Ernst & Young Counts More IPO Filings as Sign of Increasing Activity
A study released today by Ernst & Young shows that 53 companies submitted the necessary paperwork during the fourth quarter of 2009 to hold initial public offerings—the highest number of new registrants in a quarter since 2007.
At of the end of December, Ernst & Young counted 54 companies in the U.S. that were ready to go public—and are seeking to raise a total $10.3 billion. There have been quarters with many more IPO filings over the past two years. And there have been quarters in which companies sought to raise more capital.
But the sharp increase in the number of companies seeking to go public was viewed as a resurgence in IPO activity by Jackie Kelley, Ernst & Young’s Americas IPO leader, based in Irvine, CA. “This is probably one of our most optimistic quarters in the past two years,” Kelley says. “The more that register, and the more that are in the pipeline means that more deals are likely to get done.”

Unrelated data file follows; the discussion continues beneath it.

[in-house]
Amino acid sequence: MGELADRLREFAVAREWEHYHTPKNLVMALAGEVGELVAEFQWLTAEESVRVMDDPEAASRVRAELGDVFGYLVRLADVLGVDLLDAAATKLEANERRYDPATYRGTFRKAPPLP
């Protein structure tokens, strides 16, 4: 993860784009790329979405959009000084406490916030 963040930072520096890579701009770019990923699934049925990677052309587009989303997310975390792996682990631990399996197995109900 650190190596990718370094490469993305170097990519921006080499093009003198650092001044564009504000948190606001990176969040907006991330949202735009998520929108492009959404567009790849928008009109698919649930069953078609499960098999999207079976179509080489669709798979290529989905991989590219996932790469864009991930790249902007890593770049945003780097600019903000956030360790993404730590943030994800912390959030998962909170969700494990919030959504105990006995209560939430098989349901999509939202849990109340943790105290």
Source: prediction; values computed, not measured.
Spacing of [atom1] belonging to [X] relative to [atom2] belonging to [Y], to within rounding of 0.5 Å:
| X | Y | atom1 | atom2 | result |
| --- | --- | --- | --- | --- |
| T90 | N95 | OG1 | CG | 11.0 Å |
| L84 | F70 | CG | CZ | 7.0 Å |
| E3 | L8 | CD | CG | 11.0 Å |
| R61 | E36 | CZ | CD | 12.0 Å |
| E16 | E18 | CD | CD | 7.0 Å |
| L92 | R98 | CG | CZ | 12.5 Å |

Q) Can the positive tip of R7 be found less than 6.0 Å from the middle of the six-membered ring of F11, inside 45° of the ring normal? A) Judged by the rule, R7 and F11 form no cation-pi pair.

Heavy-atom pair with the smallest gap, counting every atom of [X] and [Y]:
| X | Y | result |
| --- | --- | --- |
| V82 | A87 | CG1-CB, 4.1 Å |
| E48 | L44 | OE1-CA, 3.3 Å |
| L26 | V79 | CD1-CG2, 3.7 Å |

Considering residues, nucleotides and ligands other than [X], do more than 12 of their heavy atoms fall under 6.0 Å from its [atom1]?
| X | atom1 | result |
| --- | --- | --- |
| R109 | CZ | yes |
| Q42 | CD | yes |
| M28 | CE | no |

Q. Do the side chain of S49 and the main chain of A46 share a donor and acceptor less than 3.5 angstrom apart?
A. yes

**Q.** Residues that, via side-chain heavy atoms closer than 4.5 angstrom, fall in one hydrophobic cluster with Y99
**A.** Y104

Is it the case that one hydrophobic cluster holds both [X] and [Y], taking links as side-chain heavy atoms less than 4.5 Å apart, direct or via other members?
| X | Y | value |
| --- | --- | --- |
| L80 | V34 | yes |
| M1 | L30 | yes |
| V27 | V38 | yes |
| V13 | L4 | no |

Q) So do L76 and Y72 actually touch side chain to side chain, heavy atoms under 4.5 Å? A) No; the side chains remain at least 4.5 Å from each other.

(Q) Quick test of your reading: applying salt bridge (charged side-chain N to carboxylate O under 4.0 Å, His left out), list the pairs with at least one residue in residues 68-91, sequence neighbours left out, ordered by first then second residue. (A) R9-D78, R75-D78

Of the 54 companies waiting to go public, 18 are based in California, including two in the San Diego area. Maxlinear, a Carlsbad, CA-chip design company, disclosed on Nov. 6 that it plans to raise about $100 million in a stock offering. San Diego-based Trius Therapeutics, a biotech developing a new antibiotic for treating life-threatening bacterial infections, also disclosed in a Nov. 6 filing that it plans to raise $86 million. Both companies are still waiting.
Kelley says she’s encouraged because the average deal size is smaller, at $191 million. A year ago, the average deal size was almost $278 million, about 45 percent higher, according to Ernst & Young data. She says that reflects the fact that the larger and more mature companies were better able to access the IPO market.
Kelley says Ernst & Young also has been meeting recently with many more companies that are exploring the requirements for an IPO. “We’re having a lot of discussions with companies right now,” Kelley says, indicating IPO activity will continue to step up this year.